Oscar Peterson Sticks To The Classics

As far as I know, Oscar Peterson never attributed his lack of name recognition in Canada to racism. Even when a CBC interviewer claimed she understood his nickname “Osc The Gorilla” a lot better than his other nickname, “The Maharaja Of The Keyboard”, Peterson kept his cool.

Oh, sure, there are jazz festivals in his name up here, and scholarships too. But the main concert hall and recording studio at the CBC is named after Glenn Gould, not him. Peterson’s statue stands in Ottawa, not in Montreal where he was born. He doesn’t have a “historical society” like Guy Lombardo, who is mostly known for playing New Year’s Eve ditties and the version of “Auld Lang Syne” you usually hear when watching the ball drop in Times Square.

Canadian Music’s American Roots

When I say Canadian music originated in the American South, I don’t mean that Canadian musicians were influenced by Elvis Presley, Nat King Cole, and Johnny Cash like everyone else. I mean that Americans had to midwife Canadian music into existence.

Lost In The Multiculturalist Shuffle

Deconstructing Canadian Culture, Part 31: They Have No Idea What Canadian Culture Is Supposed to Be

Getting my fourth wall broken by Deadpool last week is as good of a sign as any that it’s time to change the channel away from actors and movies for now. We’ll come back to cover Canadian TV- Degrassi, Are You Afraid Of The Dark, SCTV, Trailer Park Boys- eventually, and cover a few actors that I know I missed.

Before we travel back to the dorky world of Canadian music, I want to return to a theme I discussed briefly when discussing Canada’s contributions to literature, and that is: Canada is not the progressive paradise it claims to be.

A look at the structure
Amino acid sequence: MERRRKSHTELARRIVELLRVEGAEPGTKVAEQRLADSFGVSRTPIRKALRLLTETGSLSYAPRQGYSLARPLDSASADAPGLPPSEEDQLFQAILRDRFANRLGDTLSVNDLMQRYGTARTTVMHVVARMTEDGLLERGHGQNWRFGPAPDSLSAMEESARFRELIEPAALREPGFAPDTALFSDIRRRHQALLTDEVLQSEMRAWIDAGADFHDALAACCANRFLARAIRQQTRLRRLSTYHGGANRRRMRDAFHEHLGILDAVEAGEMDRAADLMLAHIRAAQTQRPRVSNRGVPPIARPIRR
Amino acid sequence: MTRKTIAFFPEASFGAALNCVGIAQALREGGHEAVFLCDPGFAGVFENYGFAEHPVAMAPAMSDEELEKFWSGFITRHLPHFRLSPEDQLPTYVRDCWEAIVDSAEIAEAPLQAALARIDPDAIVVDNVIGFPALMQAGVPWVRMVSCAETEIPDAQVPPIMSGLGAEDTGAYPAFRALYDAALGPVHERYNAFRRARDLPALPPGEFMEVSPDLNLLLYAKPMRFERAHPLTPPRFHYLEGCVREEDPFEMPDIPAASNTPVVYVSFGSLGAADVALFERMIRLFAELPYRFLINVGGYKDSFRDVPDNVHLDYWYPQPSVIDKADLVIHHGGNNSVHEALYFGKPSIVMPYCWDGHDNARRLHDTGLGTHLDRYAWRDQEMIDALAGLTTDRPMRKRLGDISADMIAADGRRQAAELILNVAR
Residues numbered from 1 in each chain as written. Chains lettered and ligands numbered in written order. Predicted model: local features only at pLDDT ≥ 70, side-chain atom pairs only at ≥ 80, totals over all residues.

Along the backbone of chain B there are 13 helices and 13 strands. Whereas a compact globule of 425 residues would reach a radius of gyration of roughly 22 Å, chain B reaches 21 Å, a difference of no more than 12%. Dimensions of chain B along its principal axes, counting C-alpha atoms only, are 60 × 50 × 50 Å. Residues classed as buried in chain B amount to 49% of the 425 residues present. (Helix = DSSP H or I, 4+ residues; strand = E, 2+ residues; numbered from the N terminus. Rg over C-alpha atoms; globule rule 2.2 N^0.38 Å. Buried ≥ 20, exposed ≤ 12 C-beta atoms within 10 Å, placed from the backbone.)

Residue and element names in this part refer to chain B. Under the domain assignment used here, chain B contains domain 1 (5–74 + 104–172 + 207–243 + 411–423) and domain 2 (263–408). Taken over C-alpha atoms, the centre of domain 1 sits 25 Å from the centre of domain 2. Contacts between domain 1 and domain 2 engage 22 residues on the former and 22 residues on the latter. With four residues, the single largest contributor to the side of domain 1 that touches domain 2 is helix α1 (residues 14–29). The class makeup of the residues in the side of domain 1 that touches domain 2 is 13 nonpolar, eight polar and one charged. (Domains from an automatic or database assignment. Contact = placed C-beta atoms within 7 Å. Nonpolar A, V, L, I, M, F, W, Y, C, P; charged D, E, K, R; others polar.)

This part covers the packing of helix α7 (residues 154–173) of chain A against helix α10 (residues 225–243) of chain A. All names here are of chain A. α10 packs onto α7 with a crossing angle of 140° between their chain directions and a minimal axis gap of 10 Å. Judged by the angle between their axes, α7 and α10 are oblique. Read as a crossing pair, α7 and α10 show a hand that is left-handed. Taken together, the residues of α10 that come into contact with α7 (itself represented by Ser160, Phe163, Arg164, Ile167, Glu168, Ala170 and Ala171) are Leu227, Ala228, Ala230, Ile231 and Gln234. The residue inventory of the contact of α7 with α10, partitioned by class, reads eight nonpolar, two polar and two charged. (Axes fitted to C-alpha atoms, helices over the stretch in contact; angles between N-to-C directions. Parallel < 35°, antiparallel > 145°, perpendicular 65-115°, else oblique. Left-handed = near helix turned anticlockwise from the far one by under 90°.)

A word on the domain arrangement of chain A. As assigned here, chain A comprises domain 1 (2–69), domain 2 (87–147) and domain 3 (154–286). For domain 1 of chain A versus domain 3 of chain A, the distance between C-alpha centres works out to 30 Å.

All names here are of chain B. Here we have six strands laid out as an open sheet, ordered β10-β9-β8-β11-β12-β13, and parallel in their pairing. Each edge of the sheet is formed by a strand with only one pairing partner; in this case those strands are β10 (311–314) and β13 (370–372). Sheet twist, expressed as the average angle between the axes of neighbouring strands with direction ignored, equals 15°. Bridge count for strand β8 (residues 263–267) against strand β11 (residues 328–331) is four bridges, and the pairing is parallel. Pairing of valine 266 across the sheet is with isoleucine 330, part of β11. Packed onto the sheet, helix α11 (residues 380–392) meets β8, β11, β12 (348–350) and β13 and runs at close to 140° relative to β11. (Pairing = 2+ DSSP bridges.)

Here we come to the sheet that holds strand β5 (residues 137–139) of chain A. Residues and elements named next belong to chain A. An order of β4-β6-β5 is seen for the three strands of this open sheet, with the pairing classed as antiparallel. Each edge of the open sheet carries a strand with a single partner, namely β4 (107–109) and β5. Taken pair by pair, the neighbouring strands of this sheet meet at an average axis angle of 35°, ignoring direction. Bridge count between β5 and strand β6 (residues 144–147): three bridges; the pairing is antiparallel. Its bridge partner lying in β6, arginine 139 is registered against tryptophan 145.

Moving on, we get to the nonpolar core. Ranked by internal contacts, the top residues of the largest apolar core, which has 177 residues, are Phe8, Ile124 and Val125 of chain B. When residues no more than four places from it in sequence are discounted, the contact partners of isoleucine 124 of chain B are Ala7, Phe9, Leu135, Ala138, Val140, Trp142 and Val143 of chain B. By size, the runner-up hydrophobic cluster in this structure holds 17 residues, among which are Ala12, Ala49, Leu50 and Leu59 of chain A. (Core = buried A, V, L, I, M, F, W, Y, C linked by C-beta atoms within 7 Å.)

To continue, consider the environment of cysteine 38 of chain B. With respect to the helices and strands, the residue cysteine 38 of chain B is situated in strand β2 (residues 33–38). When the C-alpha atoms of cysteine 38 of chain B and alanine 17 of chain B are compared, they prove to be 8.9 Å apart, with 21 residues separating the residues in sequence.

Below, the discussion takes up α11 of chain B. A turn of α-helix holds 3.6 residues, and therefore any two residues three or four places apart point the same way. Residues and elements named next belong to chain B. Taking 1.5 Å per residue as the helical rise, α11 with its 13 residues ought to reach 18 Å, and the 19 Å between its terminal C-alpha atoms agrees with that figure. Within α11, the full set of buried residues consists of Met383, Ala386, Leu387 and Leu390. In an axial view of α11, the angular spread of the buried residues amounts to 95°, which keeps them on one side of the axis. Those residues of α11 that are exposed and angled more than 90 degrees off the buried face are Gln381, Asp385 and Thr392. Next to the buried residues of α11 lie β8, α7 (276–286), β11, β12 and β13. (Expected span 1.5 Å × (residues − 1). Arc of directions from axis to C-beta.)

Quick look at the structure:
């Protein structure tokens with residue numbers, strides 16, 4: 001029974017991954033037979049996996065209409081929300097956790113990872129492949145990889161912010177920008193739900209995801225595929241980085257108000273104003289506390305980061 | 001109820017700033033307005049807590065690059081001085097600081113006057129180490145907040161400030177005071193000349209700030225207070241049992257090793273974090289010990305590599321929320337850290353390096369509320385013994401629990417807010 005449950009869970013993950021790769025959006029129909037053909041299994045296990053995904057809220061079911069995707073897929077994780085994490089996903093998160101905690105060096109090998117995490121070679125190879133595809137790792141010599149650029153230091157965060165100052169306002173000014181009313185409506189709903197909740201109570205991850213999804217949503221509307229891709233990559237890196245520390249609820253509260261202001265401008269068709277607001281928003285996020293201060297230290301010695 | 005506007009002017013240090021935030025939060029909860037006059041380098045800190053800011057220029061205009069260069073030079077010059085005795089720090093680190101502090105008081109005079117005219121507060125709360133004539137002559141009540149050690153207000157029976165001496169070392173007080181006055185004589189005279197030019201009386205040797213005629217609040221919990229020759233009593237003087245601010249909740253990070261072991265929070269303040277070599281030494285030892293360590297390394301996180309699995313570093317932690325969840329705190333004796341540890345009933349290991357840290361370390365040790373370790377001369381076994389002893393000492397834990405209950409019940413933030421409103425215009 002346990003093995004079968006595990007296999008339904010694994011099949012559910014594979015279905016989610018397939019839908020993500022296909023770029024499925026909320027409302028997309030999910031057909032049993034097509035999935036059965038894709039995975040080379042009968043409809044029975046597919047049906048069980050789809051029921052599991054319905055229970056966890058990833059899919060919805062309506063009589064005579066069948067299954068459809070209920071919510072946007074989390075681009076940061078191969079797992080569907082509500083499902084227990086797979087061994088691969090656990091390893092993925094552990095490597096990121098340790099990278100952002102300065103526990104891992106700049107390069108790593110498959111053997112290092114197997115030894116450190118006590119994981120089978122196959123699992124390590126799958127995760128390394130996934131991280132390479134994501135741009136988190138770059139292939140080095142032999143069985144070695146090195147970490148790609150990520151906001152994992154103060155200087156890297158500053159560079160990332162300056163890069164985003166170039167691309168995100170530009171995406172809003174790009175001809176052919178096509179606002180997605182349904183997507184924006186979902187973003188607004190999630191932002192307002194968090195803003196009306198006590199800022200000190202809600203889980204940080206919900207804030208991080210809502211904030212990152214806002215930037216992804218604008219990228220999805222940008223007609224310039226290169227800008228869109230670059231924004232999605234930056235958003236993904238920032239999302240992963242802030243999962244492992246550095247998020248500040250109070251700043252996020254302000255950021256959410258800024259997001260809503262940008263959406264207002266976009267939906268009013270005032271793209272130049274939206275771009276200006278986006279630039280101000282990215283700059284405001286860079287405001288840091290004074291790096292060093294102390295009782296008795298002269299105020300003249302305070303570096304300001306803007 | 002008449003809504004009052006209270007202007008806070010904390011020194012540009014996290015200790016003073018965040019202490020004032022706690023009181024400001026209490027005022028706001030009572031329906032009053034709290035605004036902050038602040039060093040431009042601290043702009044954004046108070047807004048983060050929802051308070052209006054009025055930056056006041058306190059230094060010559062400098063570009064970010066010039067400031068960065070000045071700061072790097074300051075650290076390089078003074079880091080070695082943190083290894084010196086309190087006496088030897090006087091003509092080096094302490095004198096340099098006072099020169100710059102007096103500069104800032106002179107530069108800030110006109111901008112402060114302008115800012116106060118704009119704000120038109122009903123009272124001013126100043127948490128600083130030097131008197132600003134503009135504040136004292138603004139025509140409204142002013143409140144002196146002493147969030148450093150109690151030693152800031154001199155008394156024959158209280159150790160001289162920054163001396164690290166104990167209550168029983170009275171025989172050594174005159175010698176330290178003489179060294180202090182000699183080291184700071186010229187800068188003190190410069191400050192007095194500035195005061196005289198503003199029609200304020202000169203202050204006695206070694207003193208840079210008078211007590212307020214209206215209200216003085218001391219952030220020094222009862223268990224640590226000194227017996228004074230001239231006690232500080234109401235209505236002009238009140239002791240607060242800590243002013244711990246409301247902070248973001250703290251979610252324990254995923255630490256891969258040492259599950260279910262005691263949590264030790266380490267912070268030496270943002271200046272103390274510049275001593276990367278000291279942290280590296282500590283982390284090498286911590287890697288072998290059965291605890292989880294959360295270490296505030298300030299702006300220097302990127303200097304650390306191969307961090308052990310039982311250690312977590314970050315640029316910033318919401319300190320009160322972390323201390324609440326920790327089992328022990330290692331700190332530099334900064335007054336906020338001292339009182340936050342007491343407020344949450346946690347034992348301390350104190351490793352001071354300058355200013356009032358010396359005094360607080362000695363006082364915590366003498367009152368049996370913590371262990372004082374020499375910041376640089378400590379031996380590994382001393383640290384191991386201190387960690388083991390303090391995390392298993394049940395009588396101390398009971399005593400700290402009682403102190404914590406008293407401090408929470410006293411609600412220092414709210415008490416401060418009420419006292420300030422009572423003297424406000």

Ryan Reynolds: CHIMICHANGAS!!

Deconstructing Canadian Culture, Part 30: So Much Time Getting Pummeled

Oh! Hello. I know, right? Like the blind squirrel who eventually finds the broken clock twice a day, Josh has finally stumbled onto someone interesting and relevant. And it only took him 29 completely useless Canadian culture blogposts to do it! Great job, Josh. Your certificate in pointless knowledge is in the mail, as are the medals for everyone who’s been bored to tears by this Canadian culture crapfest for the past seven months.

Mike Myers and Jim Carrey: The Grotesque In Canadian Comedy

Deconstructing Canadian Culture, Part 29: Cautionary Tales

Writing this one is going to be difficult, because Mike Myers and Jim Carrey were larger than life heroes to me growing up as a proud ’90s Kid.

A Quick Guide To The Culture of Newfoundland and Labrador

Deconstructing Canadian Culture, Part 28: Long May Your Big Jib Draw!

The Simpsons hasn’t been relevant, much less controversial, for decades. But hey: there’s always trolling Canada for laughs. That always works!